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Insight 27/09/2023

Engaging children and parents in career development enriched by employer engagement in Jordan

This case study was originally published by OECD on their website as part of the OECD Career Readiness project which collates examples of effective career guidance from around the world.

In response to concerns over youth unemployment, skills mismatches and gender labour market segmentation and in alignment with the Ministry of Education's Education Sector plan (2018-22) and the National Strategy for Human Resources Development (2015-25), the Hashemite Kingdom of Jordan is experimenting with new approaches to career guidance in partnership with the UK-based Education Development Trust (EDT) 

The Future Ready programme consists of a series of related interventions delivered over 12 weeks designed to provide Grade 9 students (age 15-16) with a range of career guidance interventions. The provision is designed to support student during the final academic year prior to the end of compulsory schooling and provide students with insights into the desirability and feasibility of continuing on selected education pathways, undertaking vocational education and training or entering the labour market.

Future Ready follows a whole school and community model, engaging parents, employers, school principals, teachers, guidance counselors, and students with the aim of challenging gender stereotypes, improving the perception of the vocational sector, and developing 21st -century skills. During the pilot phase (2022-23) eight schools were engaged: four schools in the Jordanian capital of Amman (three girls’ and one boys’ school) and four other schools in Zarqa (three girls’ and one boys’ school).  

This case study draws on interviews with teaching staff in two of the pilot schools:  

Dayhat Hassan for Girls. Founded in 1993, Dayhat Hassan for girls serves more than 1,400 students by offering grade 9 to grade 12 classes for Jordanian students and grade 1 to grade 10 courses for Syrian refugees. Sixty-two Grade 9 students were randomly selected to participate in the Future Ready pilot programme.  

Alquds School for Boys. Founded in 2017, Alquds school for boys serves more than 1,100 students offering morning and evening classes for students who study and work. Eighty 15-year-old students were randomly selected for the 12-week pilot programme.


Encouraging and enabling parental conversations with students about their future careers 

School staff reported that an important objective of Future Ready was to engage parents in the programme. In Jordan, parents play an influential role in helping their children to develop in the context of complex cultural norms. In Alquds School for Boys, the schools worked with local communities to build support for the programme, actively explained it at social gatherings and appointed parent ambassadors to champion the new approach to career guidance. In Dahyat Hassan for Girls, the school realized a need to adapt to parents’ preferred communication styles to increase the likelihood of engagement. For example, the school transferred some of the content from the e-learning platform to WhatsApp voice notes, increasing parents' engagement and buy-in.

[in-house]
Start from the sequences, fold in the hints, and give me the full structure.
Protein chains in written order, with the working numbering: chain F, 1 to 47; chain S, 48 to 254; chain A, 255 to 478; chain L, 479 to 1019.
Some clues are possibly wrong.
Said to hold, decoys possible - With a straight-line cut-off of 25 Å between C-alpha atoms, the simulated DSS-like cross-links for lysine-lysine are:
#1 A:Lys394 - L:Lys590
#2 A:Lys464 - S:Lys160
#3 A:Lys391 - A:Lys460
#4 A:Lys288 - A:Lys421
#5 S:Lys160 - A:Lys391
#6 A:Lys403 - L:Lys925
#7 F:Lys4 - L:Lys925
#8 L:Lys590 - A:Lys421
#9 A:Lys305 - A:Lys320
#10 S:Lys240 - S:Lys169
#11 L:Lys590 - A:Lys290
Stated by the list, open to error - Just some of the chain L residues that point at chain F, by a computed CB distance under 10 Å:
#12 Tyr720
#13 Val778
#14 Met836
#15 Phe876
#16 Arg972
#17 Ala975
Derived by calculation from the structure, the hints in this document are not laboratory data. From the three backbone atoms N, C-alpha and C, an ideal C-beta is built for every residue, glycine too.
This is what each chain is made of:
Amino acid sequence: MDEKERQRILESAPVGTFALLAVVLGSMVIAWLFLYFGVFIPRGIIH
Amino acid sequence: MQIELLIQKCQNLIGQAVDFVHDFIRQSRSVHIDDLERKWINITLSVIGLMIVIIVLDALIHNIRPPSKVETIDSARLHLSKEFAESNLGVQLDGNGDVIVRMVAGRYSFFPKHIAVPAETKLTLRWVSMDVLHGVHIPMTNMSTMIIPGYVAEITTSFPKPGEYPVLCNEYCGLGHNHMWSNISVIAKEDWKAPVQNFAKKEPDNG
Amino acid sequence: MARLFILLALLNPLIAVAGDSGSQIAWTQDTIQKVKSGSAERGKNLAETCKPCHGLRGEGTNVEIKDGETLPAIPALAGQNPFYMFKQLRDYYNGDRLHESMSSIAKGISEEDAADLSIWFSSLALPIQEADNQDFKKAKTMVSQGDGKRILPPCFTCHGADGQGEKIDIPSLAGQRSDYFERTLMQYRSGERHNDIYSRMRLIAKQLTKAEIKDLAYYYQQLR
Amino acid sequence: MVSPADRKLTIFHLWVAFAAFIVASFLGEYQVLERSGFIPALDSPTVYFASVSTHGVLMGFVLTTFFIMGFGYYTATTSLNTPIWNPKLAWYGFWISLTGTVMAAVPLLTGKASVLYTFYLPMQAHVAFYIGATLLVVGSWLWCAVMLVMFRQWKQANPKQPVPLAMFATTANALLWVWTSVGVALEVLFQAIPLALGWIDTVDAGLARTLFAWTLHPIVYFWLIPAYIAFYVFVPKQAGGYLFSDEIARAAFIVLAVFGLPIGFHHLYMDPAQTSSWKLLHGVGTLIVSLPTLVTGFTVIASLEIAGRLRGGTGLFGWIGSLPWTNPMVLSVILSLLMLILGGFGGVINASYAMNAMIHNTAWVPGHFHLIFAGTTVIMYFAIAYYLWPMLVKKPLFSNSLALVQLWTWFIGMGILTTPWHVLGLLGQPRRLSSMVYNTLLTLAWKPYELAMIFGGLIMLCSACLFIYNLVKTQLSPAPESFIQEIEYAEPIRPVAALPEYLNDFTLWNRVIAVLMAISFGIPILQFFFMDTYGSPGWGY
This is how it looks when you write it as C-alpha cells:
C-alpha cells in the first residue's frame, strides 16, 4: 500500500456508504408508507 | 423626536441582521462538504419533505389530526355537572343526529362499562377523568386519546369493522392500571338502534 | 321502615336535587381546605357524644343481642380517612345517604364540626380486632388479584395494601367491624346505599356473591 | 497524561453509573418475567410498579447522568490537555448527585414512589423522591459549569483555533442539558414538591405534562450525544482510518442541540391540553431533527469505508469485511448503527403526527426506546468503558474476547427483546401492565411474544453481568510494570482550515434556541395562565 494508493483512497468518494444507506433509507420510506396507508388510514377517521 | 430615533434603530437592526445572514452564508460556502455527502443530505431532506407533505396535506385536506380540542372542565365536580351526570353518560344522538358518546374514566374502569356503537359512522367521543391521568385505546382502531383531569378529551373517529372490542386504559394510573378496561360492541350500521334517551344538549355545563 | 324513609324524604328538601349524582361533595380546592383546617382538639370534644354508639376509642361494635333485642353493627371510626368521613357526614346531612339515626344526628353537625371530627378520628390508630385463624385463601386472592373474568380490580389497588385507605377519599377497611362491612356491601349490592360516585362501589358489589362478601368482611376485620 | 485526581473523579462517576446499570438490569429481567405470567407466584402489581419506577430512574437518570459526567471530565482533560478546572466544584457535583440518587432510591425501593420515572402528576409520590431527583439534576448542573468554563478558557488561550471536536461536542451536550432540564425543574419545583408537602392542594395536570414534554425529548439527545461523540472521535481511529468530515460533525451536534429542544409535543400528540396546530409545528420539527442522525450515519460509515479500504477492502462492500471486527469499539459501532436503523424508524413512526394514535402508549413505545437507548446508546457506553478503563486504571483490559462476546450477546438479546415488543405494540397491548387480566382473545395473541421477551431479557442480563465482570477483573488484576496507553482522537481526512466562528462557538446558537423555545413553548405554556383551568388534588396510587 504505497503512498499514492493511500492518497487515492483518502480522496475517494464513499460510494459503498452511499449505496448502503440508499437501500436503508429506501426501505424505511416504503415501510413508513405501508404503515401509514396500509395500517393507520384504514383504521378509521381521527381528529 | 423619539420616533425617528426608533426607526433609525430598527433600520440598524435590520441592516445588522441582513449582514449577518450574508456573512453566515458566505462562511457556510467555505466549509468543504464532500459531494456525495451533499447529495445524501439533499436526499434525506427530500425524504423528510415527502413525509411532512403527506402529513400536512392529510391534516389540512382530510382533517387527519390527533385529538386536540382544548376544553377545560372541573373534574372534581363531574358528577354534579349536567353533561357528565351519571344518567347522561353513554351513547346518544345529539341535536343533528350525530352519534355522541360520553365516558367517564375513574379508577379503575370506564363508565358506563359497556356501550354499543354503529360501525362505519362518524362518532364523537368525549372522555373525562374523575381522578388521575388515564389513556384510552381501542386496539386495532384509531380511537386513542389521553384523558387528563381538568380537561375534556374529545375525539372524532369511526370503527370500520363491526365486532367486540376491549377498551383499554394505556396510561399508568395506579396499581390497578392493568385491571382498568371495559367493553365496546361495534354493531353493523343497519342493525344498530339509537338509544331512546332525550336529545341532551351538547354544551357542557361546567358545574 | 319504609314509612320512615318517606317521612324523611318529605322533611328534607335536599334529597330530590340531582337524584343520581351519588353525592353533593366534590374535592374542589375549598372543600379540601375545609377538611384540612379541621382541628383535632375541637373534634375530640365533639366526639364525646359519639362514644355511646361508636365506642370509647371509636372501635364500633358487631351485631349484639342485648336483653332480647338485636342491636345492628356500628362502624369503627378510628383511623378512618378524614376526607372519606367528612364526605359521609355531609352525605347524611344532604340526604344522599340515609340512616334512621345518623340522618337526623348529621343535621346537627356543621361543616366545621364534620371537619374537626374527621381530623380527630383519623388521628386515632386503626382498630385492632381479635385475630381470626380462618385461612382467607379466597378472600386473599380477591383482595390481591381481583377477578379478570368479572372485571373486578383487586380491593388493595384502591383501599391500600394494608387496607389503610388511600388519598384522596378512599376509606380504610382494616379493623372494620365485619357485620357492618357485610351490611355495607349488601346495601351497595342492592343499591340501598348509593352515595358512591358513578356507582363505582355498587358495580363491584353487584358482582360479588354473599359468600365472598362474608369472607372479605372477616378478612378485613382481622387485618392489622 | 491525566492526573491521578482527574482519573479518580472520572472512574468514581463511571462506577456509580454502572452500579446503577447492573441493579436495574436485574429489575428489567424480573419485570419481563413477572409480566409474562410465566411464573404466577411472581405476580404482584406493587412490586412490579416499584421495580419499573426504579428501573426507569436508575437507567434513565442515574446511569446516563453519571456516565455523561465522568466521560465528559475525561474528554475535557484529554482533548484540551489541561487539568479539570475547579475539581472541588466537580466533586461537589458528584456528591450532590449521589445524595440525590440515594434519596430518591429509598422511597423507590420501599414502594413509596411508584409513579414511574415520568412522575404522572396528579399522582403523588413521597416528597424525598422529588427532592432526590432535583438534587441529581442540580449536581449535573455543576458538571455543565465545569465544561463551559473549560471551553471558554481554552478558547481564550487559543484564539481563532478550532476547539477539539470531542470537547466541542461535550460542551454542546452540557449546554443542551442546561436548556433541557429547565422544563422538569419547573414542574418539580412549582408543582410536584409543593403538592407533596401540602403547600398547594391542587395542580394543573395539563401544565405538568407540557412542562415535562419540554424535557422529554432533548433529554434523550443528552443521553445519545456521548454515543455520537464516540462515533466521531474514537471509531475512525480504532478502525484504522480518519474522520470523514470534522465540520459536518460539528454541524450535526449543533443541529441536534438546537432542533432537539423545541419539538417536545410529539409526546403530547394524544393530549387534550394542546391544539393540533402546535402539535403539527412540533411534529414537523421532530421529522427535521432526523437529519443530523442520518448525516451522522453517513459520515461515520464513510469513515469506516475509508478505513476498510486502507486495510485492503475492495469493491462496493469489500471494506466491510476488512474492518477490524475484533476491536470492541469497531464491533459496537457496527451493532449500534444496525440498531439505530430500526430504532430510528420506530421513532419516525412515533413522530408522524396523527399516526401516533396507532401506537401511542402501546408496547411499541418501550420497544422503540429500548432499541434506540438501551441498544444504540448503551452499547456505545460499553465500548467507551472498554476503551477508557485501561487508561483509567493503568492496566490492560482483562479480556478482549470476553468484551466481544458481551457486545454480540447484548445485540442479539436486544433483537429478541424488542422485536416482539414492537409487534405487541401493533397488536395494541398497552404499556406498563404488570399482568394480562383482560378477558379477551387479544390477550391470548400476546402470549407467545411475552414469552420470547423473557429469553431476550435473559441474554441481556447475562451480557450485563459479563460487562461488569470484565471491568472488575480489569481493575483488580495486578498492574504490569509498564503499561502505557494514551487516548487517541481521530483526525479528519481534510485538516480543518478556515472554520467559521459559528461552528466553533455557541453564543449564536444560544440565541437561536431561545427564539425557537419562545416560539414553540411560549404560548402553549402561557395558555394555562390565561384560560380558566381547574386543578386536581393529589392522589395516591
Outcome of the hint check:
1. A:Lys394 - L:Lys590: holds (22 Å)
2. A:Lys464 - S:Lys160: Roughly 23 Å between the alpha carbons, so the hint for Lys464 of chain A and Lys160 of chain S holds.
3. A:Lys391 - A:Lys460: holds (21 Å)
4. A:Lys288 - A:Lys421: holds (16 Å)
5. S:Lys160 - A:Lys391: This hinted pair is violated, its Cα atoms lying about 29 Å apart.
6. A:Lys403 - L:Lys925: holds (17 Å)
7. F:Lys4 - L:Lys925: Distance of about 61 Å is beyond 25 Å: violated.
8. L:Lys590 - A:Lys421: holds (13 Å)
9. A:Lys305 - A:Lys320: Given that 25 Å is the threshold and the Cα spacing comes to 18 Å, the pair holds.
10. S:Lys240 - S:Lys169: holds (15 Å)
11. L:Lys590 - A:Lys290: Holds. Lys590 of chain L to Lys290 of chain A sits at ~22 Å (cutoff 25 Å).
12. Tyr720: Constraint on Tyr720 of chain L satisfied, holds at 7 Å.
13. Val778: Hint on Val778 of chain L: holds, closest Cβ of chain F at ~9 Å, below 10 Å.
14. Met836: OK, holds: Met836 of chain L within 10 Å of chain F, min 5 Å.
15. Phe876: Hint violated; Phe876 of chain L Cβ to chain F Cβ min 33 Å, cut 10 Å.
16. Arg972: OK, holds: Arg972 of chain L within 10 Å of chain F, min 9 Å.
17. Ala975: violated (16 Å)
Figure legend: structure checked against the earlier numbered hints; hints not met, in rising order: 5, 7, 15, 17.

Changing attitudes about gendered employment

As PISA 2018 results for Jordan show, the career ambitions of young Jordanians are highly concentrated and also strongly shaped by gender.

A prominent theme of delivery in Dahyat Hassan School for Girls was student exposure to career paths where women are underrepresented. For example, female students had the opportunity to watch a video in the e-learning portal to learn from Khawla Al Sheikh, the first female plumber in Jordan, and learn how she pursued her career in plumbing, adapting to local patterns of demand. In response to parental concerns that such employment might be socially or culturally unaccepted and not financially rewarding, the school arranged for students to meet with women working in the profession to provide first-hand insights into the nature of the career. In Alquds School for Boys, the programme is also served to broaden the career interests of students, for example through one week boot camp at a hotel which provide an introduction to careers related to the culinary arts – a profession in which men are typically underrepresented.  

In scaling up the programme, Future Ready aims to expand to the three regions of Jordan, the North, Central, and South - supporting 25 further schools with the expectation that, in three years, the programme will reach 85-100 schools and will eventually offer the programme in all state/public secondary schools in Jordan.  

Click here for more information about the Future Ready programme.

Further examples of practice related to career readiness can be found on the OECD website here.